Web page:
A short update:
I'm in Cochabamba! Our little village, Itocta, is surrounded by the Andes and is absolutely beautiful. The girls gave us a warm welcome and we were smothered in the most delightful way by hugs and rapid introductions in Spanish and little girls attempting to carry suitcases bigger than they are. That night they hosted a special welcome celebration where the girls performed dances they had prepared themselves, complete with beautiful costumes and printed programs with a message to each of us inside. One of the sisters welcomed us to the home and reminded us that it will be wonderful, but also tought sometimes but to hang in there because we are family now and that's what families do. Needless to say, we're feeling eager to settle right in.
The sisters found out I love to dance and invited me to help choreograph a dance with them for a party this weekend. I'm so excited to jump right in not only with the girls but with the community too. It's easy to forget we've only been here about two days. Sometimes I get impatient about not understanding a certain song or prayer yet, or about having so many names left to learn, or about having no idea where in the town certain things are. Then I remember that I got here Monday and have an entire year to go. Nevertheless, here are a few things I've learned so far:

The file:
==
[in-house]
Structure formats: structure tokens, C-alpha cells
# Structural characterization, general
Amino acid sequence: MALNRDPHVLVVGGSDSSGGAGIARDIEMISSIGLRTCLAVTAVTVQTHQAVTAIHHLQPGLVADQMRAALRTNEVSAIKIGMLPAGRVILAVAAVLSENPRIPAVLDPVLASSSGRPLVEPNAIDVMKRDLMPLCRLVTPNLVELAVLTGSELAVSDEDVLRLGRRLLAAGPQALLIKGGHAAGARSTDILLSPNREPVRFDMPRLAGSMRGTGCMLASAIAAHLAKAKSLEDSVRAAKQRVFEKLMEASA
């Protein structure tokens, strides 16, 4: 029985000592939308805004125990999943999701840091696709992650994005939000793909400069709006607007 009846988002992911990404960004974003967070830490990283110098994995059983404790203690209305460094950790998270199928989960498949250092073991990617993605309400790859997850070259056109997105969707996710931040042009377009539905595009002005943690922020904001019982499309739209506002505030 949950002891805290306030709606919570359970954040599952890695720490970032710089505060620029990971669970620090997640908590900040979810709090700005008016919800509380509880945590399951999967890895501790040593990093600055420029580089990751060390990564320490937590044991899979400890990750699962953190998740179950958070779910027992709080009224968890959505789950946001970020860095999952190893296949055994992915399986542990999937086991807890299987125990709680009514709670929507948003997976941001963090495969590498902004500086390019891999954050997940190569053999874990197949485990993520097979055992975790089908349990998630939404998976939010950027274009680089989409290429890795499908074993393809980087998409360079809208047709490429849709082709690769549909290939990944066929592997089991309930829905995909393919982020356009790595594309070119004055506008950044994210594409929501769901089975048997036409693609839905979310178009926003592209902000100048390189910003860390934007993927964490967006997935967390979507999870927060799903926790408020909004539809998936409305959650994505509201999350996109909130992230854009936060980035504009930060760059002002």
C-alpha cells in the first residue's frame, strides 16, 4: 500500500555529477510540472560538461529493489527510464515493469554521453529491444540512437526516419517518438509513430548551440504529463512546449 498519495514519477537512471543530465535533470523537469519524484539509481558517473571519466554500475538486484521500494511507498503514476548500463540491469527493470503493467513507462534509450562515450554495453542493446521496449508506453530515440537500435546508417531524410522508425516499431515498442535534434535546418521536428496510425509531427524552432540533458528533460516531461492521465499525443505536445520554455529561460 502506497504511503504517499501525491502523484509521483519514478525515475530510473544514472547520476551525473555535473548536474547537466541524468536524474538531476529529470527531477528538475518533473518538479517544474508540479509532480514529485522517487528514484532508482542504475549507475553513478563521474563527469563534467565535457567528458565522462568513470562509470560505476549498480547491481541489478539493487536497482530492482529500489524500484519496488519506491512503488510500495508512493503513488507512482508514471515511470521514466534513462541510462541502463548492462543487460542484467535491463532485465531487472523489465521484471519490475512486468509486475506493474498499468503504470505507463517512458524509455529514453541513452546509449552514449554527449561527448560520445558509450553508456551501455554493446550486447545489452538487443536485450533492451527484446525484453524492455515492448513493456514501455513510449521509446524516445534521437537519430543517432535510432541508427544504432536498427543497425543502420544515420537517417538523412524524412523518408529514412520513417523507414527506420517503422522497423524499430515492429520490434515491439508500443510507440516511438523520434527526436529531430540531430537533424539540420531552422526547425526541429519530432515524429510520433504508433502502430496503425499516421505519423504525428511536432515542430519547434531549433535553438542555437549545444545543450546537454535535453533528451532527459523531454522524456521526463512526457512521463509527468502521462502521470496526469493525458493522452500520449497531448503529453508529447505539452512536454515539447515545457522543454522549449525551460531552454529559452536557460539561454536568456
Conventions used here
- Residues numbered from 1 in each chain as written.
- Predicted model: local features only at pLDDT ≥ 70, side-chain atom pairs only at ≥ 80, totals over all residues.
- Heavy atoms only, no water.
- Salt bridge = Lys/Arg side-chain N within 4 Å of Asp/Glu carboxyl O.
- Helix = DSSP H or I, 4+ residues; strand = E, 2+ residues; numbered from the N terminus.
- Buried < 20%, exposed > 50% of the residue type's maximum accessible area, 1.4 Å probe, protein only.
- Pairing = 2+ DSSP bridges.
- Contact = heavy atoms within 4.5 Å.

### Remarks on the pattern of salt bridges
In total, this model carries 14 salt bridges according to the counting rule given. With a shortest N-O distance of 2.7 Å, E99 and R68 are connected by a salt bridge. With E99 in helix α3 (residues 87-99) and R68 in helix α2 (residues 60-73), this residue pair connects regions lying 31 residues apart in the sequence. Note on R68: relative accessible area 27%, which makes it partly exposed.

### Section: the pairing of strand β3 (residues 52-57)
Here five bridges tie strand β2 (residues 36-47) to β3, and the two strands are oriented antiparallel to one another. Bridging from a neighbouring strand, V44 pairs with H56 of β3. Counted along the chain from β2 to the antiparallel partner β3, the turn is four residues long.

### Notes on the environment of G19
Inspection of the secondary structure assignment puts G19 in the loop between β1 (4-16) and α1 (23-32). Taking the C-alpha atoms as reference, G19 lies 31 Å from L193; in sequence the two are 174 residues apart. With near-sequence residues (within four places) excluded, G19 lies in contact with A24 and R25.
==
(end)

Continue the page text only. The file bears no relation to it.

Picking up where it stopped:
1. Toilet paper goes in the trash can, not the toilet. Yes, you read that correctly
2. Hand washing your clothes is an acquired skill, but make sure you do it regularly because a pile of laundry doesn't fit very well in the plastic tubs.
3. Use your water sparingly. Espcially your precious minutes of hot water.
4. Never understimate the power of hospitality. Making someone feel welcome is a trumendous gift.
5. Don't bother learning tons of Spanish music. All the girls want to hear from Americans are Disney songs and the theme from Titanic.
6. You may have to choose between living lice-free and snuggling with adorable litle girls. Oh well.
7. You know how we speak Spanglish by adding an O on to everything? Apparently English sounds like everything ends in "ation." Nation, recreation, addition, etc. If you want to sound like you're speaking Bolivian Spanish add ito or ita on to everything. Even if that thing is large (ita typically implies that it's tiny), hermanita, papito, ahorita, librito etc.
8. You will never know how many varieties of potatoe exist in the world.
Tengo que irme. Chau!
9. In bolivia, use "chau" instead of "adios." Adios is saved for long term goodbyes.